Travelogue 360: Rome is the second in a series of 3D hidden-object games by Big Fish Games (the first was set in Paris), and it is a great introduction to the genre. If you're already a hidden-object expert, you may find the search a tad easy, but the visuals are exceptional and worth the virtual trip to Rome.
The basic gameplay is simple: Find objects in a screen crowded with images. The names of the objects can be a bit vague, so "mouse" could refer to the mammal or the computer peripheral, which is all part of the fun. What makes the Travelogue games a bit more challenging (and unique!) is the amazing 360 degree view—you are positioned at the centre of an image and, using your preferred navigation method (keyboard, on-screen pointers or on-screen compass), can look up, down and behind you for the requested object, and even zoom in to identify items. This particular game immerses you within some of Rome's most impressive palaces, hotels and even cosy old antique shops and delicatessens. If the 3-dimensional search intimidates you a bit, you can turn off "Expert Challenge" when you're creating a profile—it will cause the list of objects to highlight the names of items that are in your current field of view. Unlike the Hidden Expedition games, the list wraps, so be sure to scroll down to make sure you're not missing anything.
Travelogue 360: Rome - The Curse of the Necklace is held together by a mystery plot. You must find letters and news items related to the disappearance of an entire family—related vaguely to terrorism, insanity and the search for eternal youth. This is the weakest part of the game since you will always find the requested objects. There is, therefore, little challenge to solving the 'mystery'. In addition, the plot doesn't really make that much sense and isn't tremendously compelling. Fortunately, I'm here for the gorgeous visuals, not the plot, and it doesn't really disturb the gameplay—it just doesn't add anything to it.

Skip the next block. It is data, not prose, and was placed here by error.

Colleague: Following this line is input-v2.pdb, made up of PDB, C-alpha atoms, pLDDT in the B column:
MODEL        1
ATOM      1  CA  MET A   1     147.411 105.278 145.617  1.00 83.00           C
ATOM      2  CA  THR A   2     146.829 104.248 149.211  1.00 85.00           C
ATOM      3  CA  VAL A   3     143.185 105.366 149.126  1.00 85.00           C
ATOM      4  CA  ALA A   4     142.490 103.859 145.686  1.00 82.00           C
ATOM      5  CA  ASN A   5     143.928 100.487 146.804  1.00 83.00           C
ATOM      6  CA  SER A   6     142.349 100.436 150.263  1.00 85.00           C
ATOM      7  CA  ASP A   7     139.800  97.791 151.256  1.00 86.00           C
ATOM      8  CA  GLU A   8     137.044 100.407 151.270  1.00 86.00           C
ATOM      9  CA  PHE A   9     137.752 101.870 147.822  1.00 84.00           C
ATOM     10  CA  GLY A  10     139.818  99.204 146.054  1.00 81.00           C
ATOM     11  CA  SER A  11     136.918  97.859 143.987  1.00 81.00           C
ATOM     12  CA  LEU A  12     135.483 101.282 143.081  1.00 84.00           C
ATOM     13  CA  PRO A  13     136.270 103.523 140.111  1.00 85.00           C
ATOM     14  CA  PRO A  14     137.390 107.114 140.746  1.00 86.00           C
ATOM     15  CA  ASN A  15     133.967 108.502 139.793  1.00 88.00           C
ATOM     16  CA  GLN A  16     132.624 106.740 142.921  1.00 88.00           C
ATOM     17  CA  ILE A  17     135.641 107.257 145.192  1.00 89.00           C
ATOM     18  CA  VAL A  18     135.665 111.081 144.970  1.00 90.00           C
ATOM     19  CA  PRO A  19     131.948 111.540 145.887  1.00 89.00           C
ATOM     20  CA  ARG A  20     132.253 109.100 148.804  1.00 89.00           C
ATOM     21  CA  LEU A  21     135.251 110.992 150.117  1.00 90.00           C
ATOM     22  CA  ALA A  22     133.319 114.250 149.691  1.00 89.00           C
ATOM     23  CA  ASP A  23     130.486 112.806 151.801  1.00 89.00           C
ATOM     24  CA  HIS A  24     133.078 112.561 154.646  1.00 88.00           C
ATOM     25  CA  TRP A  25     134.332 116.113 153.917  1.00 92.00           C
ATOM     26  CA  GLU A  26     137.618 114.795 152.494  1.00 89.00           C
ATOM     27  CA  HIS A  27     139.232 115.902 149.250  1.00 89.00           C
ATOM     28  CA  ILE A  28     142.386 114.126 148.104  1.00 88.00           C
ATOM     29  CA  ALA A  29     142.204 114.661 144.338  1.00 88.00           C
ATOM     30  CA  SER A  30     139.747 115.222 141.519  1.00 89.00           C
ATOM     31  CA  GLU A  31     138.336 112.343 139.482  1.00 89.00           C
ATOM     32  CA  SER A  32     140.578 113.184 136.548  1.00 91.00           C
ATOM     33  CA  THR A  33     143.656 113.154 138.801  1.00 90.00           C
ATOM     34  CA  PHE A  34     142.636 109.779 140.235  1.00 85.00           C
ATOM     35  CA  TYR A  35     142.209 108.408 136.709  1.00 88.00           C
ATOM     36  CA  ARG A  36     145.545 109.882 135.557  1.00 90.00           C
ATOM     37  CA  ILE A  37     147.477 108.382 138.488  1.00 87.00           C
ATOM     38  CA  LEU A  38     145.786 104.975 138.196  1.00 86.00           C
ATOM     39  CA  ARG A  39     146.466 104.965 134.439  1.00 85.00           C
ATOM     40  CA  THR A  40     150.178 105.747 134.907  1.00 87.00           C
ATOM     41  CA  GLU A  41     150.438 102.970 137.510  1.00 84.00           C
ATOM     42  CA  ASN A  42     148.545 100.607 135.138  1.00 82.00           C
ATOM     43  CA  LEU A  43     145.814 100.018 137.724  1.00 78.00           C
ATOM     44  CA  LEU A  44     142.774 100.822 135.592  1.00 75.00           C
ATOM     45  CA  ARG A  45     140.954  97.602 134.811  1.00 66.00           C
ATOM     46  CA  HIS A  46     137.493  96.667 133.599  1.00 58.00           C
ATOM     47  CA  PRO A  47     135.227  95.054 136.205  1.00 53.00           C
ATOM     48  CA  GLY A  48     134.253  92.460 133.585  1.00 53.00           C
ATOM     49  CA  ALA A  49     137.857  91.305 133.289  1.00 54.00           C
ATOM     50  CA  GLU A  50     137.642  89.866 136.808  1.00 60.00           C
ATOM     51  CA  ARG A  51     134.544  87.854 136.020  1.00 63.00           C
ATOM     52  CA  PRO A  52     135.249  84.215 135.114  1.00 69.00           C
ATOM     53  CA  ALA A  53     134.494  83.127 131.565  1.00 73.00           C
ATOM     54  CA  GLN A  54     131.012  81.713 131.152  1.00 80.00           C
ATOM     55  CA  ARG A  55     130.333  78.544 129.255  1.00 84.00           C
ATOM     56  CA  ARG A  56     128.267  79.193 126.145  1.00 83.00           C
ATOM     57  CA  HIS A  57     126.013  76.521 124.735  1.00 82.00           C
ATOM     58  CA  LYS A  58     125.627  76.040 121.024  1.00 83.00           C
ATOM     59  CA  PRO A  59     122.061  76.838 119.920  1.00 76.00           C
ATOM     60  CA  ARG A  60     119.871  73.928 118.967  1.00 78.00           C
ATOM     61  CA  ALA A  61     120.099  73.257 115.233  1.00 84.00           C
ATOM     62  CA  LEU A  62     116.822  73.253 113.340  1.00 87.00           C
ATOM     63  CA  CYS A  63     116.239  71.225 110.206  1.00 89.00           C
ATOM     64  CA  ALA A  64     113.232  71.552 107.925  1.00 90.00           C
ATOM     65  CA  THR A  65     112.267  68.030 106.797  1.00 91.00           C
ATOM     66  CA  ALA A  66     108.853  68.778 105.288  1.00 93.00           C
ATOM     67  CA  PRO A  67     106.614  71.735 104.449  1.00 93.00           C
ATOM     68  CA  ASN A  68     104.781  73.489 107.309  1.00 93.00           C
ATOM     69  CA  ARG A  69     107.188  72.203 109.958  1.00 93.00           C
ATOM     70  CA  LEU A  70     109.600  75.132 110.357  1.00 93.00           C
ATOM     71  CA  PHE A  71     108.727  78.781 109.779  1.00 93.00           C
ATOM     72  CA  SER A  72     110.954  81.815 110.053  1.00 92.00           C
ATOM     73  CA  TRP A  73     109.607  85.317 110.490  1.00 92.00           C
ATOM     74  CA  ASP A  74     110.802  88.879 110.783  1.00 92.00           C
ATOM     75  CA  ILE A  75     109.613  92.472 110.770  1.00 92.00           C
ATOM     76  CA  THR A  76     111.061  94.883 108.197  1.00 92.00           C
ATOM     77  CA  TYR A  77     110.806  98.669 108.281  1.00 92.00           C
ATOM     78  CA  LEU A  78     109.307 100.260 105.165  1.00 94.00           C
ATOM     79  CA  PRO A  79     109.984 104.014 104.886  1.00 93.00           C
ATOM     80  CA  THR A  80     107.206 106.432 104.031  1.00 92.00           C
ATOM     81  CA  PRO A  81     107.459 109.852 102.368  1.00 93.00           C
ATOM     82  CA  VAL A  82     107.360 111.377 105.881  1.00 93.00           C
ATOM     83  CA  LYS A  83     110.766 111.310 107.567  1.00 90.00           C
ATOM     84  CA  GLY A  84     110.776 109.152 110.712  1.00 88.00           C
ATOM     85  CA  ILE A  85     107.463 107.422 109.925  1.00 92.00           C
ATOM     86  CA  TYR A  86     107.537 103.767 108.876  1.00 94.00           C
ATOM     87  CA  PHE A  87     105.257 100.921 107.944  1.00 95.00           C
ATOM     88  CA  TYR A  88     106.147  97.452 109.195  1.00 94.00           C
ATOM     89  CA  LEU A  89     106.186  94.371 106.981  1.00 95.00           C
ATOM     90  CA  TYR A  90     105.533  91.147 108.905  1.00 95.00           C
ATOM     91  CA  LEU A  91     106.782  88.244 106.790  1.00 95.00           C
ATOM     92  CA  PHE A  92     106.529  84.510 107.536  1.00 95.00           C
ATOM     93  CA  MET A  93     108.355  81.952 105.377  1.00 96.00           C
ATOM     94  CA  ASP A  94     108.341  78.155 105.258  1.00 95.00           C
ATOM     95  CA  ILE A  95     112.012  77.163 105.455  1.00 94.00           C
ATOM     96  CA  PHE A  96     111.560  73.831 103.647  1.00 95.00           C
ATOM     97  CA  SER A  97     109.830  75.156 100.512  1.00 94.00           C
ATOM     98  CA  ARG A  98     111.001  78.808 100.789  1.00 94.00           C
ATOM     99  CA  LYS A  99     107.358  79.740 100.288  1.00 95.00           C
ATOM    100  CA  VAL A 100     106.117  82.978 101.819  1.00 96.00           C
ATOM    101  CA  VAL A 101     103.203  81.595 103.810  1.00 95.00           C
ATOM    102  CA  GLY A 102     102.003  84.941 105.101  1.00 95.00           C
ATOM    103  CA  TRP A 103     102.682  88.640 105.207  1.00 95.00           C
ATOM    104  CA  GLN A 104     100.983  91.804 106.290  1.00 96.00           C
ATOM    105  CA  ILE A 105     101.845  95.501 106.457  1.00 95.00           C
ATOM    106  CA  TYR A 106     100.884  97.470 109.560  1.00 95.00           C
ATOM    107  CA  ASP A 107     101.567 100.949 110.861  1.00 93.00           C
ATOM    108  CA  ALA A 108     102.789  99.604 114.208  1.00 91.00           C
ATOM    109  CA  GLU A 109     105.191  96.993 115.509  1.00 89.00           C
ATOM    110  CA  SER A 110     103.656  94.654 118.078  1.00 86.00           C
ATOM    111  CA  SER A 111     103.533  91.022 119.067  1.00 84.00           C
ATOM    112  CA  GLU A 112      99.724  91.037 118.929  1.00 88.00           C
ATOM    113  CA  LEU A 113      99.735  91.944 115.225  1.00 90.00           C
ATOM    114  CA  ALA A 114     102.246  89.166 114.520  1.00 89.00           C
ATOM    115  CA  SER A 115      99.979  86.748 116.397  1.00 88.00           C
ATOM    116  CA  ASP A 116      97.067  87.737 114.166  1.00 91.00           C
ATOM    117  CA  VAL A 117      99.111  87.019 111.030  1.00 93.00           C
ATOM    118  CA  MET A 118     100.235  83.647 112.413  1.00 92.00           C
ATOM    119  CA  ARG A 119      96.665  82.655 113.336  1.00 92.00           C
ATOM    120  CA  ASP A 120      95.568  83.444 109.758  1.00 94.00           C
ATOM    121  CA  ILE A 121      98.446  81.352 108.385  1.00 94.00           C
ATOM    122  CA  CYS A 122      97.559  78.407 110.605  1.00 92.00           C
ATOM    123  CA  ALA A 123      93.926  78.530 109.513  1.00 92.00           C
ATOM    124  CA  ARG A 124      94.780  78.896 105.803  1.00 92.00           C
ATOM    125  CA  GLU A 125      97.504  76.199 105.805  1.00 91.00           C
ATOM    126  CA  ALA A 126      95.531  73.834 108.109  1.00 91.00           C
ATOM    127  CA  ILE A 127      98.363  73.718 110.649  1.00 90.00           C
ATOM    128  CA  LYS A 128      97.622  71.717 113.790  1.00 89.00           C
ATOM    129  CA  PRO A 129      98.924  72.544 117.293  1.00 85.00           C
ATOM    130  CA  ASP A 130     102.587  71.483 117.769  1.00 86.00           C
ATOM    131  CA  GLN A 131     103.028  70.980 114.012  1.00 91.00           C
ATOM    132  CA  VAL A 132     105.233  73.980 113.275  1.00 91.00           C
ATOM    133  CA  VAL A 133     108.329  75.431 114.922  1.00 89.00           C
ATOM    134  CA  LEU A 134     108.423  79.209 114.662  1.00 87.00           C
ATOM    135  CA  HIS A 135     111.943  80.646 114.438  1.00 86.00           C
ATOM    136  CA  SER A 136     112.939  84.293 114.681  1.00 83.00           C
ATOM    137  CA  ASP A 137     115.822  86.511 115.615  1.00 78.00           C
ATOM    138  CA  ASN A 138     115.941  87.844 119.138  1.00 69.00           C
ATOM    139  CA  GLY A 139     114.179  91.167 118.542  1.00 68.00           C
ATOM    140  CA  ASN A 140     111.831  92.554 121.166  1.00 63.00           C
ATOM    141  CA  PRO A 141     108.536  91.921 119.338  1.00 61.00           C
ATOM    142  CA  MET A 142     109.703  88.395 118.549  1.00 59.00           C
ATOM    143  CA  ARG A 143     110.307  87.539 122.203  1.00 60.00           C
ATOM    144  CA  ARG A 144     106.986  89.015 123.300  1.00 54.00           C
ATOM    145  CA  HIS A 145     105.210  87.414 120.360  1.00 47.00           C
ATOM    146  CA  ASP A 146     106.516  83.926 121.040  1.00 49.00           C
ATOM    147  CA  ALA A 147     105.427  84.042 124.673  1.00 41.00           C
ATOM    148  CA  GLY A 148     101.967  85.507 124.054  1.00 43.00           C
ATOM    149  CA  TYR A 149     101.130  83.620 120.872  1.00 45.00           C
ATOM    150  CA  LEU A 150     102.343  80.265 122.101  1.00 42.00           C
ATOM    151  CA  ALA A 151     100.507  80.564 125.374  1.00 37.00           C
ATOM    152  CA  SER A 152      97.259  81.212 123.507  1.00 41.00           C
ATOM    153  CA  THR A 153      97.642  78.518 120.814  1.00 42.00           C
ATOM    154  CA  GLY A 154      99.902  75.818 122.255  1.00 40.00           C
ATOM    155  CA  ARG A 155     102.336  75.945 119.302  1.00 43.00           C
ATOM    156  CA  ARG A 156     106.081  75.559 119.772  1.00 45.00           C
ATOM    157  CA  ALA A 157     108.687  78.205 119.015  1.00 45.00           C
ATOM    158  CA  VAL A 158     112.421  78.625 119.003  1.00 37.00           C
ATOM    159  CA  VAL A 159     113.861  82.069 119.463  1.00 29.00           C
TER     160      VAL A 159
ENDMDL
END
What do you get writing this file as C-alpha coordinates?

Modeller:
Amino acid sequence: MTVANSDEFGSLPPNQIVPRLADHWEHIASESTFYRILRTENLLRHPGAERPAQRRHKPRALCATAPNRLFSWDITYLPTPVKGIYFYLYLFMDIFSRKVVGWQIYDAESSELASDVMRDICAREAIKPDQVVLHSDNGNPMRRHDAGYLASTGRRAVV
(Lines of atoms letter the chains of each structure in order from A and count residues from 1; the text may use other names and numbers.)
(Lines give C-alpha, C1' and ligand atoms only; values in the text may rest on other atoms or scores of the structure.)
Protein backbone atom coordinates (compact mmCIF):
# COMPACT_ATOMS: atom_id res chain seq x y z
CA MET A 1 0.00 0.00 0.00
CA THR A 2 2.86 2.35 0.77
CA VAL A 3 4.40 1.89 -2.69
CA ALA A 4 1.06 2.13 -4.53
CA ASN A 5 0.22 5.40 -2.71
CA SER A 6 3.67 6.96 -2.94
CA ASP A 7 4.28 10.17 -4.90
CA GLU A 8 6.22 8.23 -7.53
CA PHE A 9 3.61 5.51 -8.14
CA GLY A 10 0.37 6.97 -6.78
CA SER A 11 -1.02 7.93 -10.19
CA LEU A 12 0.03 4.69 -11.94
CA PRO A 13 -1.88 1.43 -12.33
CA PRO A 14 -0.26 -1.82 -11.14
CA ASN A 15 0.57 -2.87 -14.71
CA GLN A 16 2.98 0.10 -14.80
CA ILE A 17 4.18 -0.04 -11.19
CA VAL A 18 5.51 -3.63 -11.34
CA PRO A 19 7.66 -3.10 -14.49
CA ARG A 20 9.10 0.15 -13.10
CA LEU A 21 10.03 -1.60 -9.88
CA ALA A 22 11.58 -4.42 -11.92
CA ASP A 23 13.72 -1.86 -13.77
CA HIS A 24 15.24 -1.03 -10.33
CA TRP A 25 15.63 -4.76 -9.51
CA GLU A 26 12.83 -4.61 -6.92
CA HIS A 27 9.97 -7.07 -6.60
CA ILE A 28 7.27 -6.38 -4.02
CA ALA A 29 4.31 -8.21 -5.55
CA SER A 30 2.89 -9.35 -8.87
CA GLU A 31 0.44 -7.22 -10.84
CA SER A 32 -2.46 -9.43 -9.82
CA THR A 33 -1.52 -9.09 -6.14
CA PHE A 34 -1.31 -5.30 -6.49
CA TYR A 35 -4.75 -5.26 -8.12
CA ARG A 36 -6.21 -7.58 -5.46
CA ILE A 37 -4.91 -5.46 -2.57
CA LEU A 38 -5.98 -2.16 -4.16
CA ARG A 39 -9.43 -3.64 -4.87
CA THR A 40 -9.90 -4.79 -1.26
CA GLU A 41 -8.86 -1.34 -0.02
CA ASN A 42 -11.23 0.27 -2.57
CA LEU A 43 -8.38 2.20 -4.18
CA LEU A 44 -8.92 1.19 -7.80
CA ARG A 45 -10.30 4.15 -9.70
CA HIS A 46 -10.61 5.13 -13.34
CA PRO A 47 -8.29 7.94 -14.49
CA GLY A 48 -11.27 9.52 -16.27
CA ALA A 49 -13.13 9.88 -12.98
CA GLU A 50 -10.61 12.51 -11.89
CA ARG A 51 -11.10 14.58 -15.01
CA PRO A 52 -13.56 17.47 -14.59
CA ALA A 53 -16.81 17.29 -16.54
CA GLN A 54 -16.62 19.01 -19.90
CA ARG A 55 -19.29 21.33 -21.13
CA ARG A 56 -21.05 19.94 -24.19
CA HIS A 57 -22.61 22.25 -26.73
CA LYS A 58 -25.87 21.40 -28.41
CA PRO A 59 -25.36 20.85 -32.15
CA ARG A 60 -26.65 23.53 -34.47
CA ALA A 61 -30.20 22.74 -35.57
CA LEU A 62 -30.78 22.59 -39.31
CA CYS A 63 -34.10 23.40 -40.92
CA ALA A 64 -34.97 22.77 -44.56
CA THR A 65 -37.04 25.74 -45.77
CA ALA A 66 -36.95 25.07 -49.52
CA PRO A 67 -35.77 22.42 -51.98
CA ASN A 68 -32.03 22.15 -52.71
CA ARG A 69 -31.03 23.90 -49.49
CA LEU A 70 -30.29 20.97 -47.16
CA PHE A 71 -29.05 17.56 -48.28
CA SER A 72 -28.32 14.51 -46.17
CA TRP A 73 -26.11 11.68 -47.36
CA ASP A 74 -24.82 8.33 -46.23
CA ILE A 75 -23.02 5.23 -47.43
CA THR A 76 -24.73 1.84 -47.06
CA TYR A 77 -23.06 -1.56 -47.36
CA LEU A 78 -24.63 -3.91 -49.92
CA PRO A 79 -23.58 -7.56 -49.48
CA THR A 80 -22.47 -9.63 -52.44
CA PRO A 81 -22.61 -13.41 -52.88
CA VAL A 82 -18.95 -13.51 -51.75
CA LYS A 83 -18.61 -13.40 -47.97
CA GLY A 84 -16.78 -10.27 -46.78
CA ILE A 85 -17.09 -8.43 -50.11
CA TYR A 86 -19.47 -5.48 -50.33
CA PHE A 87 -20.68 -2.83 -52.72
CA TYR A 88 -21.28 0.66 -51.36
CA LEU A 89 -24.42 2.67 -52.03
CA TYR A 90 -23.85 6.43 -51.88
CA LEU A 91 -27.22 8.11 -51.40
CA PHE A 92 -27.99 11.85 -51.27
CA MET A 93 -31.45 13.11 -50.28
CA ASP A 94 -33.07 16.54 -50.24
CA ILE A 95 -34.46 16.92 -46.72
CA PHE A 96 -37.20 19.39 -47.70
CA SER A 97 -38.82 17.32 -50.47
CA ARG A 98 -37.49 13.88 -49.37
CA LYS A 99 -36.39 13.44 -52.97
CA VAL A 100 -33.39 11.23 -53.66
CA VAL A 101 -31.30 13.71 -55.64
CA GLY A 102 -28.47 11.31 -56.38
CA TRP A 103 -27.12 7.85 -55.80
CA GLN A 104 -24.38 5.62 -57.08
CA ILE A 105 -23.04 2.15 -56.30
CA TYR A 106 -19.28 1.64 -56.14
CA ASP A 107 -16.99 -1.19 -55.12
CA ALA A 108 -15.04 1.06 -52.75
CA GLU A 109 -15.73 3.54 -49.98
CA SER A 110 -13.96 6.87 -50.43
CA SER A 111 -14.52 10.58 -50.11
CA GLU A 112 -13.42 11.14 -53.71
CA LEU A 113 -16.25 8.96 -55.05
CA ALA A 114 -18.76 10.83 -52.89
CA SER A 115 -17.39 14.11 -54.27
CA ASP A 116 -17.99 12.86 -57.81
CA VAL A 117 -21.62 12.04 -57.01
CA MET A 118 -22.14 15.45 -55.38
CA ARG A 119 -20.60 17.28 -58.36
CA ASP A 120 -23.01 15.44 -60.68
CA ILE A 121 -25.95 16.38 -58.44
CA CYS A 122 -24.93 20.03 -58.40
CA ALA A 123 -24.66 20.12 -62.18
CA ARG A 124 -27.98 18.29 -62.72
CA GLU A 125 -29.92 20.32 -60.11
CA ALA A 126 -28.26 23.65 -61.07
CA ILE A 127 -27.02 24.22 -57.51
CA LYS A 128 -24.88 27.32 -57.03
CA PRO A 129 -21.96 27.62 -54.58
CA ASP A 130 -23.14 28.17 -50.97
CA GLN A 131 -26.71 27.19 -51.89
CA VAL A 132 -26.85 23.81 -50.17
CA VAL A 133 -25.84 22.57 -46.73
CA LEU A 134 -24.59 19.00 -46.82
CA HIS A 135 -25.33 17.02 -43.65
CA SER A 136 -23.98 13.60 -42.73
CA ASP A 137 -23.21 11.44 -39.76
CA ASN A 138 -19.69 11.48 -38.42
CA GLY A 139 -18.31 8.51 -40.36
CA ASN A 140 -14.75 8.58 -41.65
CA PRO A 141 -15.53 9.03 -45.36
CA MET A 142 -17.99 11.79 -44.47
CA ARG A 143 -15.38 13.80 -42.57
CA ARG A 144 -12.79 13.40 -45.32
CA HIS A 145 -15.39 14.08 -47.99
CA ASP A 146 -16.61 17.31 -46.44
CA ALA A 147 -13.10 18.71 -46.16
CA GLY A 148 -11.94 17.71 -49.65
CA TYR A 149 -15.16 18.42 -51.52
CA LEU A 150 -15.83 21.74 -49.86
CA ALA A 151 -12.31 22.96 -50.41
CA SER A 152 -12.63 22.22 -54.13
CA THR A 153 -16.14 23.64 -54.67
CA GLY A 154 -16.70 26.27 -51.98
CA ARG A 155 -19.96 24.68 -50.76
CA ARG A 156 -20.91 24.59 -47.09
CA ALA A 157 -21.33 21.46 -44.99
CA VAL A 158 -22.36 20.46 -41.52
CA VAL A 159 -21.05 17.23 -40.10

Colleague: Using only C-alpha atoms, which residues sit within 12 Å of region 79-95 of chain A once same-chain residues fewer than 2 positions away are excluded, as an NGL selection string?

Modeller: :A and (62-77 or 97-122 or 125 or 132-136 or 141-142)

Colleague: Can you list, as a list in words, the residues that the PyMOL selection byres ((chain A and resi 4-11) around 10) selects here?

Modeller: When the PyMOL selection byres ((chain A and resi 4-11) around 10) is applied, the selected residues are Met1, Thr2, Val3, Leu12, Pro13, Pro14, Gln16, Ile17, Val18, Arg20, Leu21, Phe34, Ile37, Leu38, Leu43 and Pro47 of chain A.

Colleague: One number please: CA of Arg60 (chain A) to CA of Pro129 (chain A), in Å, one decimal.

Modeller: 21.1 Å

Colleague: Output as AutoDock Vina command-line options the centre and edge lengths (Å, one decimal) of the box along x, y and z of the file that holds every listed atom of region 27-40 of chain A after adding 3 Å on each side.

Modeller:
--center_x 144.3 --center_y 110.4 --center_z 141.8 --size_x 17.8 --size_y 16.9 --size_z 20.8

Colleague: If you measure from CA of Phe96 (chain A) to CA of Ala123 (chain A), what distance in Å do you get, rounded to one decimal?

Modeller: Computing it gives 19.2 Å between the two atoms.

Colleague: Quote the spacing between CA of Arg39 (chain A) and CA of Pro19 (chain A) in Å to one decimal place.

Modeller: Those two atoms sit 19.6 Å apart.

As you solve each different location, it is added to your travelogue, allowing you to go back and look at the scene without the hidden objects added. When you complete each scene, you'll be rewarded with a Fun Fact about Italian life and history. In between scenes, you have to complete a mini-game, which may be a jigsaw puzzle, card game, spot the difference, word search or object-find by silhouette.
One limitation to the game is that there is limited ability to make it easier or harder. In response to complaints about the highlighting in the word search list, Big Fish has introduced the "Expert Challenge" feature where you can turn highlighting on or off. But even in timed mode, the countdown is nowhere near as challenging as it is in games like the Hidden Expedition series. I am also less than thrilled by the mini-games—I do like Spot the Difference, and the Italian solitaire game is an interesting way to keep with the theme, but I find the jigsaw puzzle too easy and the silhouette game is not very difficult when similarly shaped objects are two millimetres wider than each other.
Hidden object games can be a bit generic in their offerings, but if you've never played one or you're a total addict, Travelogue 360: Rome - The Curse of the Necklace is a gorgeous place to start.